"I have lost all hope of prosperity and I fear for my life as the returned terrorist violence in the region has made me uncertain [...] whether I would be alive or dead the next moment, and everybody thinks the same - to be the next target of a terrorist attack," Ajmal Wazir, a vendor from South Waziristan, told FairPlanet. 

PTM: the voice of oppressed Pashtuns

As the state continues to neglect Pashtuns, the Pashtun Tahaffuz Movement (PTM) has emerged to advocate for their rights. A grassroot civil rights movement of Pashtuns from the ex-FATA region, PTM has come out against both the state army and Taliban for the atrocities they commit against members of the minority group, and has demanded lasting peace.

The counterterrorism strategy employed by PTM is characterised by nonviolent tactics such as organizing mass sit-ins and demonstrations, which stand in contrast to the state's violent approaches.

Gul Pasand, a member of PTM’s Central Committee, told FairPlanet that "the militants and Pakistani state are on the same page, and in Pakistan’s war against militancy the only casualty are the Pashtun people."

Through its powerful protests and sit-ins, PTM members compelled the state to locate missing persons and reduce the military checkpoints in Pashtun tribal areas. The movement has around 30 individuals at leadership positions and roughly a million followers. PTM’s founding member, Ali Wazir, continues to be subjected to Taliban terrorism, to which he had lost 16 family members thus far. 

Ibrahim kamil, member of PTM’s Provincial Core Committee, told FairPlanet that "as the Pashtuns underwent sufferings caused by militancy and state, such as forcefully disappearing a thousand of them and jailing as many, the PTM emerged as the most powerful civil rights movement to speak for them."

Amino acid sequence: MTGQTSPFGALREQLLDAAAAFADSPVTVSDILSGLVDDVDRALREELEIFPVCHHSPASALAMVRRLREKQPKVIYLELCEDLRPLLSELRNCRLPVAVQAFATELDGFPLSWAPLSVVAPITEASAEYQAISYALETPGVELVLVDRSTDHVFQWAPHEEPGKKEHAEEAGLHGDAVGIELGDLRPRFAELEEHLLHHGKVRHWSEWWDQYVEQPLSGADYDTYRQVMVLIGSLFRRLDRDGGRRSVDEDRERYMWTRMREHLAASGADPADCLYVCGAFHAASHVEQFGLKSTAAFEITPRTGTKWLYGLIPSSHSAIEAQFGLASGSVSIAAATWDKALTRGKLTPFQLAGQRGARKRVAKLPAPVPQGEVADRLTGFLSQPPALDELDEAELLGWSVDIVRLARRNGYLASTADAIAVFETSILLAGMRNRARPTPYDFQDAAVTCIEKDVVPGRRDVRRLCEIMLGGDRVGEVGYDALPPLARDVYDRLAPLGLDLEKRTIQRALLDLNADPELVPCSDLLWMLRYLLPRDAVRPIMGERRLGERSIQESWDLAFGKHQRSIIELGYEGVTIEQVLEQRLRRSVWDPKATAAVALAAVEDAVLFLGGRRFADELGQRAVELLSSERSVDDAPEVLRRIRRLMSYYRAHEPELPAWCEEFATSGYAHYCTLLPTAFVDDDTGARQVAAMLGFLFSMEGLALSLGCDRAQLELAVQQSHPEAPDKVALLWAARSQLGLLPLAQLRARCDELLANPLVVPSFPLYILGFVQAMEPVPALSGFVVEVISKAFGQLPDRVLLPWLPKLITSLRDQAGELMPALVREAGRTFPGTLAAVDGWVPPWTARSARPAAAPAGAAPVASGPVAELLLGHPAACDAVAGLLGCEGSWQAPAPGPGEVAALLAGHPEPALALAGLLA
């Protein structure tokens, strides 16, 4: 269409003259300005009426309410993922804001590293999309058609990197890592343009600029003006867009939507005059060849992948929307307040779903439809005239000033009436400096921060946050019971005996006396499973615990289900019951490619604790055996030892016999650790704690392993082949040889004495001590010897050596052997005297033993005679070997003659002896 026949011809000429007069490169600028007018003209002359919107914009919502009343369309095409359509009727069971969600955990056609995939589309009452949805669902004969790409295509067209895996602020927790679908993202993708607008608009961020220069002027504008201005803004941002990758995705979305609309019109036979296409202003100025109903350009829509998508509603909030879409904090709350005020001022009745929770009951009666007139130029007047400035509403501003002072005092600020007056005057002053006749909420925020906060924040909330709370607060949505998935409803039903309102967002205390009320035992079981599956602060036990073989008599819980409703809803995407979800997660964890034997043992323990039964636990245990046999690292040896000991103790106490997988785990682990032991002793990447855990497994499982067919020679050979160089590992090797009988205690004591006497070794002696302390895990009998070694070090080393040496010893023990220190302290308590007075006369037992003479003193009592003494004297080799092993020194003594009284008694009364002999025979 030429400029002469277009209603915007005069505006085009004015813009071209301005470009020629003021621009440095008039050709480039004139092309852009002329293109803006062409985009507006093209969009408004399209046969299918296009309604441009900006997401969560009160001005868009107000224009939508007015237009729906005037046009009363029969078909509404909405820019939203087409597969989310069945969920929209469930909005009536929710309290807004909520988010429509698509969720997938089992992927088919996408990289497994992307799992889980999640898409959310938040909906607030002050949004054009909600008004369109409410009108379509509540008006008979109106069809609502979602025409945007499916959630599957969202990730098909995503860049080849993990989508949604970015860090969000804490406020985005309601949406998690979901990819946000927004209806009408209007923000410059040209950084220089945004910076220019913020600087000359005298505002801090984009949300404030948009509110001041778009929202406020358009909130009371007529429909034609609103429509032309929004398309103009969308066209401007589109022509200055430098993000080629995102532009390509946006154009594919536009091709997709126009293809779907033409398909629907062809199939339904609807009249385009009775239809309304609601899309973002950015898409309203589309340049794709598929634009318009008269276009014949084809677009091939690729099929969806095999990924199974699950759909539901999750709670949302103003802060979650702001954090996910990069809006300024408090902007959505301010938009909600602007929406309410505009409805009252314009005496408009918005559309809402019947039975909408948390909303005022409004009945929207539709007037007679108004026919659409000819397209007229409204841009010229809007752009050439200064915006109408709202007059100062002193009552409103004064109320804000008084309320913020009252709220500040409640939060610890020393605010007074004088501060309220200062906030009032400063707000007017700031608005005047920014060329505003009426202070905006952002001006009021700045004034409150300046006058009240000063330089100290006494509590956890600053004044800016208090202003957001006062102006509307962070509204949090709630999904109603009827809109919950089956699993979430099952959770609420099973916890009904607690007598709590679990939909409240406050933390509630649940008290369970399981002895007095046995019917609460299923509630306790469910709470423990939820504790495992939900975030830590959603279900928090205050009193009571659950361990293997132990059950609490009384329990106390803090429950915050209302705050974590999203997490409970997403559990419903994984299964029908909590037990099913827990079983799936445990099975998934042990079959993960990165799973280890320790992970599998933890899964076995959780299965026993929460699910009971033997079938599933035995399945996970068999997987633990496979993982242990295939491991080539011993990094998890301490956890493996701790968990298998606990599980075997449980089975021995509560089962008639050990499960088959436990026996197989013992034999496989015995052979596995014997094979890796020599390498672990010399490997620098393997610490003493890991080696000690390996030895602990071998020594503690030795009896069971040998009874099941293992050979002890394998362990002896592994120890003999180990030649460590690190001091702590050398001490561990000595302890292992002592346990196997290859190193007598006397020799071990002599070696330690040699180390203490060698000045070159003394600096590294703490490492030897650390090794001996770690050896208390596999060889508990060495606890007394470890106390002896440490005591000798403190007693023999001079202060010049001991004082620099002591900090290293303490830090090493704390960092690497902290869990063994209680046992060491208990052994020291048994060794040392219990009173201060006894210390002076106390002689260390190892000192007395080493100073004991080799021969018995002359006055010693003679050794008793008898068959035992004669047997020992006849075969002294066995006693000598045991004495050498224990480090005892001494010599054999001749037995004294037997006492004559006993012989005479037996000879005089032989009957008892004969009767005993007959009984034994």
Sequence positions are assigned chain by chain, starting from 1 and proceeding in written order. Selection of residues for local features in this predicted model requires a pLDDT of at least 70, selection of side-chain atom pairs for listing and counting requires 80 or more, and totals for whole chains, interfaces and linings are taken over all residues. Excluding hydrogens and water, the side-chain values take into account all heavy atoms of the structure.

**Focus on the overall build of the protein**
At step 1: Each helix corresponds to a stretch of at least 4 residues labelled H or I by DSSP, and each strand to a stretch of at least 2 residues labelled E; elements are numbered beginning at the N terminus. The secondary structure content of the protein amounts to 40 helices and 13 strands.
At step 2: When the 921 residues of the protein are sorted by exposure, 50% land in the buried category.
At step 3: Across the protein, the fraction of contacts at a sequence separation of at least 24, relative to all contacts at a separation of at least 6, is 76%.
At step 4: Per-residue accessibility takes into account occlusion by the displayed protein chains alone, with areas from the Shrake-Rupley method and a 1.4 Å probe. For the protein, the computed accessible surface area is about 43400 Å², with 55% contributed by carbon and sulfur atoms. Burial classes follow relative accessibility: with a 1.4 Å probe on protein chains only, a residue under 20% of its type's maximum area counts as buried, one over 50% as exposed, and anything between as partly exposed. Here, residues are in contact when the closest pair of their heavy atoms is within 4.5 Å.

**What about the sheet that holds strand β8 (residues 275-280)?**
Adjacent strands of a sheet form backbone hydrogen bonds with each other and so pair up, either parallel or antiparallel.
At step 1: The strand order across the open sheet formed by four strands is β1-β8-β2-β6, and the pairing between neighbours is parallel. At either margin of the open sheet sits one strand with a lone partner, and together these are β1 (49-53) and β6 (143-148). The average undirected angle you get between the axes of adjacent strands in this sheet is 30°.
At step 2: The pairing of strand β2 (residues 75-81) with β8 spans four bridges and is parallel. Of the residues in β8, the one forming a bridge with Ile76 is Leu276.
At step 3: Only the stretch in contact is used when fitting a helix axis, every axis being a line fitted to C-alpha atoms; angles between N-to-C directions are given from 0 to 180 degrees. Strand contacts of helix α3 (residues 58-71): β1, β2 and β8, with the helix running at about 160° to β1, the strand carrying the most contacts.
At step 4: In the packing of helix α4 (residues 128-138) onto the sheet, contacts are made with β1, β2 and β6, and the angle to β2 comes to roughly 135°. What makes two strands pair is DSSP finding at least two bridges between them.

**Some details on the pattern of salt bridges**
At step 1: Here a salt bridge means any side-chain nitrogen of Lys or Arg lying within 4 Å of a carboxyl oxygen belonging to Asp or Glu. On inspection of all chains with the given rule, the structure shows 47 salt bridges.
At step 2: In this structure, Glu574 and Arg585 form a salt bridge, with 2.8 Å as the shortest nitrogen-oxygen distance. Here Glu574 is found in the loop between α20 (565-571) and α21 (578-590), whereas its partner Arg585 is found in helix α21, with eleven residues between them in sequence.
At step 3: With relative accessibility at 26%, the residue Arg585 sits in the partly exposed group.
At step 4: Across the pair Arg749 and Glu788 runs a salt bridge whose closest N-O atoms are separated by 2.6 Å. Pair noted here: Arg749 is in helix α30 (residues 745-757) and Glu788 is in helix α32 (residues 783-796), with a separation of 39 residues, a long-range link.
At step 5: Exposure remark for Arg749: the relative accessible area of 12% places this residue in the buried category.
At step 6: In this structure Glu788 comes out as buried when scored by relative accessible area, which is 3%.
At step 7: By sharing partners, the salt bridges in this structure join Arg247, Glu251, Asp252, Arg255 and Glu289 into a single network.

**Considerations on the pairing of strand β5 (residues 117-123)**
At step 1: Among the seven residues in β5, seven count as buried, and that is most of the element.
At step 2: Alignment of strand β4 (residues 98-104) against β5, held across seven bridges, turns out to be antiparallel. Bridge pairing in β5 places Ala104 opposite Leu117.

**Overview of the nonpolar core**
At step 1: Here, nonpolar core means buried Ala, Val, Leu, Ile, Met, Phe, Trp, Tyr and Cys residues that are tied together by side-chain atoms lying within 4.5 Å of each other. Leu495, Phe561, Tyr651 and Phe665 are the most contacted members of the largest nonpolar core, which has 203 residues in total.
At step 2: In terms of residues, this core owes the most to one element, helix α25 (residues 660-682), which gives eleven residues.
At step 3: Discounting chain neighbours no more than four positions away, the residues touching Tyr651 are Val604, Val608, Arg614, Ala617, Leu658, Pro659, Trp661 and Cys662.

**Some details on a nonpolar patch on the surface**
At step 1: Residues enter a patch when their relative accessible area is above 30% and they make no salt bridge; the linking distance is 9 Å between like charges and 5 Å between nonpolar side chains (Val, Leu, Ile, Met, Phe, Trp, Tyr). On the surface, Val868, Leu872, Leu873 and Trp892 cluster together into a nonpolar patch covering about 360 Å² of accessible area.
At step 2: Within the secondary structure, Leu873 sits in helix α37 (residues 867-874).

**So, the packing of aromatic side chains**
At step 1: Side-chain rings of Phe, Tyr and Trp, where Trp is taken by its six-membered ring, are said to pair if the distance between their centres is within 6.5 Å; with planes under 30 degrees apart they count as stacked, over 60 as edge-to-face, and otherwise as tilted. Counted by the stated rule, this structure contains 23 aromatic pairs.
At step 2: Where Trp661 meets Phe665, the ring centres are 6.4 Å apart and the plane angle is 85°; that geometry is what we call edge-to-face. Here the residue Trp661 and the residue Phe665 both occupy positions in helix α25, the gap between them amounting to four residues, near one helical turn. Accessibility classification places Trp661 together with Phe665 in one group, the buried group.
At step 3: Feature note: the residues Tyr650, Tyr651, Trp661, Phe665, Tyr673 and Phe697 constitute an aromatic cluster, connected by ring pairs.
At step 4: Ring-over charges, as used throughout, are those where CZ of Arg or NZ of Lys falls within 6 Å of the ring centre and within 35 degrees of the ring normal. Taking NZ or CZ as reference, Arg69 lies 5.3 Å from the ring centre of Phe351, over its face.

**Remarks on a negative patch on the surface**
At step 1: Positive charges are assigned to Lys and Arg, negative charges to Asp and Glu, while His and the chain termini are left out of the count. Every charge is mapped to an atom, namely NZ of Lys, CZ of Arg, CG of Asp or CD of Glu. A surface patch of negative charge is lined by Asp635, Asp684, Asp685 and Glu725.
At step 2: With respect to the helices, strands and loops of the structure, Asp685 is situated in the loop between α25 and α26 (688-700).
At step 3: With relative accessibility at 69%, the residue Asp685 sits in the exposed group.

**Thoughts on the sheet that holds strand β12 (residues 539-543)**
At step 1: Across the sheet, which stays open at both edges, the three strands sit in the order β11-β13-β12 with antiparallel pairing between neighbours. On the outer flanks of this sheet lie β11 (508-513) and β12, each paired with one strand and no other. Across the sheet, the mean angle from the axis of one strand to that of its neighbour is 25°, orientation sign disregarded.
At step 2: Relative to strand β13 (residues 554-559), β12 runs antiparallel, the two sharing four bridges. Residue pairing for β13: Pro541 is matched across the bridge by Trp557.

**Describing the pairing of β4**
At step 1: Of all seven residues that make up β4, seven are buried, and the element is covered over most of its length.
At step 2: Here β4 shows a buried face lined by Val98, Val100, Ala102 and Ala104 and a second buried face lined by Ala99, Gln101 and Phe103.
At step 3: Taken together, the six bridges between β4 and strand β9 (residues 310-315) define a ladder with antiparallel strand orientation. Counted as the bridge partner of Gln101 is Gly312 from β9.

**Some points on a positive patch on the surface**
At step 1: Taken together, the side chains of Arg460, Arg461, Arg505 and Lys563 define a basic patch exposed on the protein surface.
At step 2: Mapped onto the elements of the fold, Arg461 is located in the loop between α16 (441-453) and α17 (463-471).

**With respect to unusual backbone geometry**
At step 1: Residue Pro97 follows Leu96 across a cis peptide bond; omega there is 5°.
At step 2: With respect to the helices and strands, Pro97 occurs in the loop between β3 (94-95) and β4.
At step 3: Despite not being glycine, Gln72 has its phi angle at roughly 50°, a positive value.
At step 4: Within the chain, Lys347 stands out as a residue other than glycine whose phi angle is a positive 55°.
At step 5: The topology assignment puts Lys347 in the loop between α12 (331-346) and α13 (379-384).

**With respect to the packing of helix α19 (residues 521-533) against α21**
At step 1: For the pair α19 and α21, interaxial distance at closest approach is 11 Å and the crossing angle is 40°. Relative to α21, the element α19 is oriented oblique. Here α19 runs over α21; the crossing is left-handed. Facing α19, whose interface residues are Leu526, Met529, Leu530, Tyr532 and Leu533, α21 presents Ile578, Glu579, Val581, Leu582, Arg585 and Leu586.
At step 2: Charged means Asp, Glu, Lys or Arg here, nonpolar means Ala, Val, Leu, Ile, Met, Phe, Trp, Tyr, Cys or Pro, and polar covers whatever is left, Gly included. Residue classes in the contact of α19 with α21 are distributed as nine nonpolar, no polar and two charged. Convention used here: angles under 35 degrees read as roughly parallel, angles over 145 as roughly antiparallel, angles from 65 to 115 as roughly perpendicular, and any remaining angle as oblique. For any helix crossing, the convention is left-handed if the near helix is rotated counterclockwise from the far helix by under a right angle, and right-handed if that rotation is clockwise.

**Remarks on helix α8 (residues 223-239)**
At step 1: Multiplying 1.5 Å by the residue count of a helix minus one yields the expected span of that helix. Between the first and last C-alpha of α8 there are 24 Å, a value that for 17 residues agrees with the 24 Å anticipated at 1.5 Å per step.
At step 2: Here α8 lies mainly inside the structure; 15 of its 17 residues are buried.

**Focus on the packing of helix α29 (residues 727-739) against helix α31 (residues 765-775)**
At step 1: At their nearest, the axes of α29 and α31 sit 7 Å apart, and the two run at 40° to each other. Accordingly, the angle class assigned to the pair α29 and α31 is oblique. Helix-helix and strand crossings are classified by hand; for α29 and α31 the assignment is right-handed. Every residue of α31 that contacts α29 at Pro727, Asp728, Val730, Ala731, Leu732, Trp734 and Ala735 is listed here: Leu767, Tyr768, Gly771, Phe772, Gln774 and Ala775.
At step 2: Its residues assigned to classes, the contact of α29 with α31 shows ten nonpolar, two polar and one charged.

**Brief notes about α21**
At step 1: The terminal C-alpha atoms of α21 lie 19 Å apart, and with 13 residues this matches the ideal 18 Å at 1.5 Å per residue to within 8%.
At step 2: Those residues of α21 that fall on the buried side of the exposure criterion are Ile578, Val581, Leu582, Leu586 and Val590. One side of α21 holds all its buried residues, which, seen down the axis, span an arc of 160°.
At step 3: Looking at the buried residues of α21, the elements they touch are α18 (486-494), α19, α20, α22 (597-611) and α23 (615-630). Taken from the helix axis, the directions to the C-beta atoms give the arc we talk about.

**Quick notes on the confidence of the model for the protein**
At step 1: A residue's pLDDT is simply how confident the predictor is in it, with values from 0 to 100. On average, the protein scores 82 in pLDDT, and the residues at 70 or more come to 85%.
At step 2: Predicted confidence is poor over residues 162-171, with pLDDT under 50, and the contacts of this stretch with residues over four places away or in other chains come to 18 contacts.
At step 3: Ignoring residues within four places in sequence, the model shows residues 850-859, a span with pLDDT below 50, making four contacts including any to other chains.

The movement’s rallies and sit-ins have been joined by thousands of Pashtuns. Its meeting held at Karachi on 14 May 2018, for instance, was attended by thousands of supporters despite a severe state crackdown. Novelist Hayat Roghani told FairPlanet that Pashtuns see the PTM as the most effective counter-movement against the TTP’s genocidal violence, and resonate with its message of peace. 

"The PTM is the Pashtuns’ hope against the TTP and other terrorist outfits," Aziz Khan, an elderly farmer from North Waziristan, told Fair Planet.

Effective counterterrorism tactics

PTM’s protests against the TTP have so far been successful in propelling the militants to retreat. In 2022, when TTP fighters returned from Afghanistan to their former stronghold, Swat, PTM organised multiple protests, also known as "olasi pasoons," across Khyber Pakhtunkhwa. The protests calling for justice for Pashtuns did not end following the departure of the terrorists from Swat, and continue to this day.

The impact of these protests has been significant, as evidenced by the TTP's departure from the area. According to Pasand of PTM’s Central Committee, the movement’s success in countering terrorism can be attributed to the support and trust of the public rather than the use of force.

Image by Basil Minhaj.

Article written by:
Osama Ahmad
Pakistan Afghanistan
Embed from Getty Images
Pashtuns living in Pakistan have endured decades of TTP terrorism.
Embed from Getty Images
"This unending terrorism in the Pashtun land is the child of British colonial policies."
Embed from Getty Images
Although Pakistan has the seventh powerful army in the world, it has failed to effectively counter terrorism.
Call to Action
Piler promote socio-economic equality in Pakistan
Support now